Ball hockey has gone from the driveway to the local rink and on to the international stage, and local kids are along for the ride.
As the sport grows in popularity, kids from Maple Ridge’s well-established league are getting more and better opportunities to play at the elite level. Eight local players were on the West Coast Express team that won gold in the Czech Republic earlier this month, in the Plzen Challenge Cup.
Six of those players have now been selected to move on and play for the under-15 Team B.C. at the Canadian championships in Edmonton next month, and they all hope to play for Team Canada someday.
Four Ridge kids will make up the Team B.C. defence.
“That hasn’t happened by accident, we play a good defensive style of hockey,” said Jon Silcox, the Team B.C. coach, who is also a coach in the local association.
Keegan Prophet, Eddie Riddell, Mitchell Shelton and Tyler Slavin will be Team B.C. defenders.
“They’re all solid, and they all have good hockey smarts,” said Silcox. “And they all shoot with a purpose.”
They will be joined by local forwards Brendan Chabot and Brandon McRobert.
Silcox said Chabot stands out for his work in the corners.
“Winning the ball on the boards is one of the most crucial parts of the game, and he will win battles against guys who are bigger than him.”
McRobert doesn’t quit.
“That kid’s a work horse. He’ll run you down, and he plays on the edge.”
The athletes are hoping that their experience in Europe will help them win at the nationals.
Ask them about the trip and they will tell you about seeing historic Prague, the City of a Hundred Spires, or the 700-year-old Cathedral of St. Bartholomew in Plzen. But they all say the highlight was winning gold.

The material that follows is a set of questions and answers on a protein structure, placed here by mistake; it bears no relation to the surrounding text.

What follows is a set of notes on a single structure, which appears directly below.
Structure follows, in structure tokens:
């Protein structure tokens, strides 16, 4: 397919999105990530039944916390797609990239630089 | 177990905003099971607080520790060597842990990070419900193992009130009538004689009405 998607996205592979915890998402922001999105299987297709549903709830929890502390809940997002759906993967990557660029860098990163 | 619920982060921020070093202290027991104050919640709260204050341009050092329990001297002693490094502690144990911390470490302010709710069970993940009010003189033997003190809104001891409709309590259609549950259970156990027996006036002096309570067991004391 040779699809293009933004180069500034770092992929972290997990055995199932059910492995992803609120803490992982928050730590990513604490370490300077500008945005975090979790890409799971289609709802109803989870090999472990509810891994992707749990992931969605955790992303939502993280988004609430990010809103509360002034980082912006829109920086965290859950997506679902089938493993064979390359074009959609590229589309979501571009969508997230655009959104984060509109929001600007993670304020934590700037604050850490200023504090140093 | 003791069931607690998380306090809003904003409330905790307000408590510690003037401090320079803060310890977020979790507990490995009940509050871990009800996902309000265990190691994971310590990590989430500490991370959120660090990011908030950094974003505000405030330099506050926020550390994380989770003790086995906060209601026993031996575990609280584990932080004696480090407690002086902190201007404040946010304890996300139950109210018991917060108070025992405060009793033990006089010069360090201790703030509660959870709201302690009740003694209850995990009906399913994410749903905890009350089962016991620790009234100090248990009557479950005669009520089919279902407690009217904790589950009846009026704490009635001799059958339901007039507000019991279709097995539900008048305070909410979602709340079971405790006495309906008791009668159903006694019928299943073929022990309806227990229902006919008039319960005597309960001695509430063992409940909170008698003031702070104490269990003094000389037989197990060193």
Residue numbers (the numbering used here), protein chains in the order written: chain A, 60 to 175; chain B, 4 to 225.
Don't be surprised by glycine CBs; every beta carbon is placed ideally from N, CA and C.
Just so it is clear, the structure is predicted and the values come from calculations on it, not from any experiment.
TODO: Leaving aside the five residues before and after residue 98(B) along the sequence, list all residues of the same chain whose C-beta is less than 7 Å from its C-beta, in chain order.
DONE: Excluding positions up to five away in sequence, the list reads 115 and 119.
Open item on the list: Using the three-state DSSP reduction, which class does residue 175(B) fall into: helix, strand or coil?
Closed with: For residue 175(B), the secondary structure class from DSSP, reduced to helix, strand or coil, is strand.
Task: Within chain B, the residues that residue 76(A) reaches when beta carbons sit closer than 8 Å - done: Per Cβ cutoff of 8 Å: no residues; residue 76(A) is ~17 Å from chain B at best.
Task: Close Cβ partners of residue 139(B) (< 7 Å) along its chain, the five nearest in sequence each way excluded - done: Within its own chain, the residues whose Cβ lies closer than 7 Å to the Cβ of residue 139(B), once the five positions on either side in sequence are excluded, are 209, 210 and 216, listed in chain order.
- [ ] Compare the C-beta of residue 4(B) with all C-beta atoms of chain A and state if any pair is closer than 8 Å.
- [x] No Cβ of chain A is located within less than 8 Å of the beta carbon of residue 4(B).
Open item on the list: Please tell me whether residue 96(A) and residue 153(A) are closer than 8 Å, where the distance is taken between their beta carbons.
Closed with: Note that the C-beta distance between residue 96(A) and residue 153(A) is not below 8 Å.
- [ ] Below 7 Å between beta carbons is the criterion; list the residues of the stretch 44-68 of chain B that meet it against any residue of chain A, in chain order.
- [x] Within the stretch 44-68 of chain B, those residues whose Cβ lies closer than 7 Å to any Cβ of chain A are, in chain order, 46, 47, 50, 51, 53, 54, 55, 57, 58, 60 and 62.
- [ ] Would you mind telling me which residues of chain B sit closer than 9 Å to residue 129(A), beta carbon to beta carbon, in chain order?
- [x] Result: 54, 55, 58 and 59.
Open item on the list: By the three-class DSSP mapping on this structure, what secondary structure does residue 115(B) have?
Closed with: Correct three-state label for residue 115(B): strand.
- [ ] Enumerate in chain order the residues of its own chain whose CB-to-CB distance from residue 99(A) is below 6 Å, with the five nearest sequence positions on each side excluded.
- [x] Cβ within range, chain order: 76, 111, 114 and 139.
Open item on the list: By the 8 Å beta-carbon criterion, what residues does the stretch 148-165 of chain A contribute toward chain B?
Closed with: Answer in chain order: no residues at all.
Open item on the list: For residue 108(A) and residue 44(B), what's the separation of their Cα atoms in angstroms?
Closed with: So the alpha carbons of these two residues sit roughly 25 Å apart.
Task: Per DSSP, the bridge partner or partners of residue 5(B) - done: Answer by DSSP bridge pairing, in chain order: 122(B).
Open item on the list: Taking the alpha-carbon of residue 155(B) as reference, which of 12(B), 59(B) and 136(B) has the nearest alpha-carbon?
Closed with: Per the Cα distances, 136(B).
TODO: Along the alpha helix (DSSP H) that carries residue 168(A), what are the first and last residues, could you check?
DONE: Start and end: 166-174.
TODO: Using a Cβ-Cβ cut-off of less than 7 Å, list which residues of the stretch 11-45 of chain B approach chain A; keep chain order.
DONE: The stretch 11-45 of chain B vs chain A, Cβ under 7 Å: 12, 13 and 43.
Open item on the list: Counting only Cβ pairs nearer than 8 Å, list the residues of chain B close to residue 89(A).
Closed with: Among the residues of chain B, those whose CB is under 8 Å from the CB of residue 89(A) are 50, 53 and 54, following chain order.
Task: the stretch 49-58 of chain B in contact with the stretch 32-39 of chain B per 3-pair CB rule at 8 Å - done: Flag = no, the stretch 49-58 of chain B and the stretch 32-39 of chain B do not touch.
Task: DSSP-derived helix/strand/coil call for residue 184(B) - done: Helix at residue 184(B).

McRobert, in Grade 9 at Maple Ridge secondary, remembers watching his team score the insurance goal with two seconds left, the clock ticking down, and then guys flying over the boards for the celebration.
“We all jumped off the bench and just ran for the goalie,” he said. “Winning gold was a great achievement.
“It was a really beautiful trip. A great experience, and a once-in-a-lifetime thing.”
Actually, his teammate Chabot will get another trip there next year. He was the youngest player on the team, and the Pitt Meadows Grade 8 student would like to go back to Plzen next June.
“It was the experience of a lifetime,” he said.
Prophet said the trip was also a great bonding experience for the players, who will mostly form Team B.C.
“We all still talk, and we got pretty close,” he said.
“I’ll remember that trip forever.”
They are all guys who have played ice hockey, and decided they prefer the game that so many first played in the street.
Chabot can run all day, and it gives him an edge – there’s no gliding like in ice hockey.
“Ball hockey is a lot harder – you need cardio,” he said.
Prophet was happy to say goodbye to 6 a.m. ice hockey practices. But he loves ball hockey, and some weeks he can get on the floor almost every day, and still sleep in. He gets to play for five different teams this year: the Thomas Haney high school team, the Renegades, his association team, the Express, and now Team B.C.
Silcox said the Ridge Meadows Minor Ball Hockey Association has become a powerhouse in the sport, with over 1,000 kids registered and some playing at provincial and national team levels.
There are three kids playing for the U-18 national team that will play at the World Junior Ball Hockey Championships in Sheffield, U.K. in July – defenders Chase Pederson and Dylan Grier and forward Marc Gautreau. Goaltender Matteo Pettrelli is on the U-16 national team.
“It’s a great association, and you can be quite successful,” said Silcox.
He has been to the Canadian championships each of the past three years, winning two silver and bronze as an assistant.
He thinks this year’s U-15 Team B.C. has a golden opportunity.
“We’ve got a really good shot,” he said. “You can feel the energy in the room with them – they want the win.”